hyper-model, a model that might account for our self-awareness, not
just our self-organization. Let's hypothesize an Utter Singularity
in consciousness. An Infinitely hot, bright spot against an Utterly
cold, dark sky.
That's the Four-Letter Name against
the Five-Letter Name.
That's why the Four-Letter Name is the attractor of consciousness,
in the mind's eye, against the background of the Earth-plane of
All-That-Is. And that's what I'm saying is the basis of the
Kabbalistic Tradition, and later the Christian and Moslem Teachings
as well. And this is a fundamental, definition-based Teaching.
It doesn't say that my God is the One God because it's my God, and
is a "jealous" God in the ordinary sense. This is a One God that's
jealous in the same sense that there's
only one number "Pi" that's
intrinsic to the Universe.
We're making a definition of
singularity, and a definition of
wholeness, and we're spanning them with a metaphoric hand.
JM: Come back to -- Are you saying that the number "Pi" is a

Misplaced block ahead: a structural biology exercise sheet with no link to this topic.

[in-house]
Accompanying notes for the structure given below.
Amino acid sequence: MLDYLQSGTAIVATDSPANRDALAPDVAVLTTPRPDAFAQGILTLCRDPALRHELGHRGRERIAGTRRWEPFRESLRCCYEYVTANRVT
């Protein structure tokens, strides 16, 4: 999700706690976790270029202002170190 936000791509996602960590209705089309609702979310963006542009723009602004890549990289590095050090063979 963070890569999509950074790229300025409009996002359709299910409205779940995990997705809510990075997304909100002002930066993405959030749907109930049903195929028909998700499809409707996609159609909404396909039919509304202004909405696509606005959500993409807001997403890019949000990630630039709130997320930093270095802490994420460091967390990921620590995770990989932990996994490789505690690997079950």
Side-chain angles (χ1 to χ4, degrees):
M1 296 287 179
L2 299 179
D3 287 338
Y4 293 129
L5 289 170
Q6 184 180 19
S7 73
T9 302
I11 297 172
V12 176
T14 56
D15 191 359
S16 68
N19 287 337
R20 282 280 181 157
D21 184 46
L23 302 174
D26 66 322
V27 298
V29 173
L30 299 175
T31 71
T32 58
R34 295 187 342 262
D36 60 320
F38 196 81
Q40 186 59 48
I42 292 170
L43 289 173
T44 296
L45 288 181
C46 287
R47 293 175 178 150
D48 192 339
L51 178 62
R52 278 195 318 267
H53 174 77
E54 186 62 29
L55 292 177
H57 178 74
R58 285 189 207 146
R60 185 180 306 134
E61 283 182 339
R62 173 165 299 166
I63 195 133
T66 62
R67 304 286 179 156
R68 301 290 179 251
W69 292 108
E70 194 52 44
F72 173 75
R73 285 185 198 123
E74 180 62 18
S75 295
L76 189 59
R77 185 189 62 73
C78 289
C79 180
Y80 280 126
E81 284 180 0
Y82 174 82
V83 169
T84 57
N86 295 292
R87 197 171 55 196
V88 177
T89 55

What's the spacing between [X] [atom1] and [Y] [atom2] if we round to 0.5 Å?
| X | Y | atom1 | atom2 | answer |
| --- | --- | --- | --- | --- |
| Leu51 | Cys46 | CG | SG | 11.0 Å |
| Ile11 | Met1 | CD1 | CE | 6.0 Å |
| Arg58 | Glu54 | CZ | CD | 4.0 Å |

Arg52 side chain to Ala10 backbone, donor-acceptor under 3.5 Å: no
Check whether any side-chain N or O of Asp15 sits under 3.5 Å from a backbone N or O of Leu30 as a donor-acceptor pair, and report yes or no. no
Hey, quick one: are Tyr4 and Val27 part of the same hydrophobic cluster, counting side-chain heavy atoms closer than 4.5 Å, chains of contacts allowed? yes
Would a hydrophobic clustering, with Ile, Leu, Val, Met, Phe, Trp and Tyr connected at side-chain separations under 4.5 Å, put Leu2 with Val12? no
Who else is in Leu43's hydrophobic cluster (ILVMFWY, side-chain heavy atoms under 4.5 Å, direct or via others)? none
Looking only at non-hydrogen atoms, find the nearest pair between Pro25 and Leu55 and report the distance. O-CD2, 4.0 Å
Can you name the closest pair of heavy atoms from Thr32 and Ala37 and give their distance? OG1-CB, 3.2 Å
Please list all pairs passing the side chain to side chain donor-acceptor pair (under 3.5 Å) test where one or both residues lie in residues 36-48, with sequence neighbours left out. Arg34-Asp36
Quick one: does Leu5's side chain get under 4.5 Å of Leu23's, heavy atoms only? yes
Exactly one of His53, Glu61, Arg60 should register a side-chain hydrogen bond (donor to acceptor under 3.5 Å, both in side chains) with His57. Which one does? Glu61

ST: Yes! There's no other number like "Pi"! [Music] It's the
only relationship between a radius and a circumference. This is the
One God, not because Jews or Christians or Moslems say so, it's
because it's defined that
way. And that definition turns out to be
functional. And that's what brings the Traditions alive!
JM: We'll be back with Stan Tenen, Director of Research for the
Foundation, after these messages.
Jeffrey Mishlove: Stan, right before the break, we were talking
as being a "jealous number".
Stan Tenen: That's right. To mathematicians, Pi is a jealous
because it's a definitional number. It's intrinsic. Once you
investigate the relationship between a radius and a circumference,
Pi is not making some theological claim to be special, it's a
The model I'm suggesting is definitional. It turns out to have
relationships to theology and religions because it's a very
effective definition. But you start with a definition. And the
definition is simply to unify Singularity and Wholeness, in every
possible way. Whether it's inside the singularity of consciousness
and [outside] the wholeness of the world, whether it's the
principle of the One and the Many, whether it's, in Kabbalistic
metaphor, the Light in the Meeting Tent, the Light is the One, the
Tent is the diversity of the world.
These metaphors can also be turned around. You can also take it the
other way. There's a vestment -- I can't do this on the radio --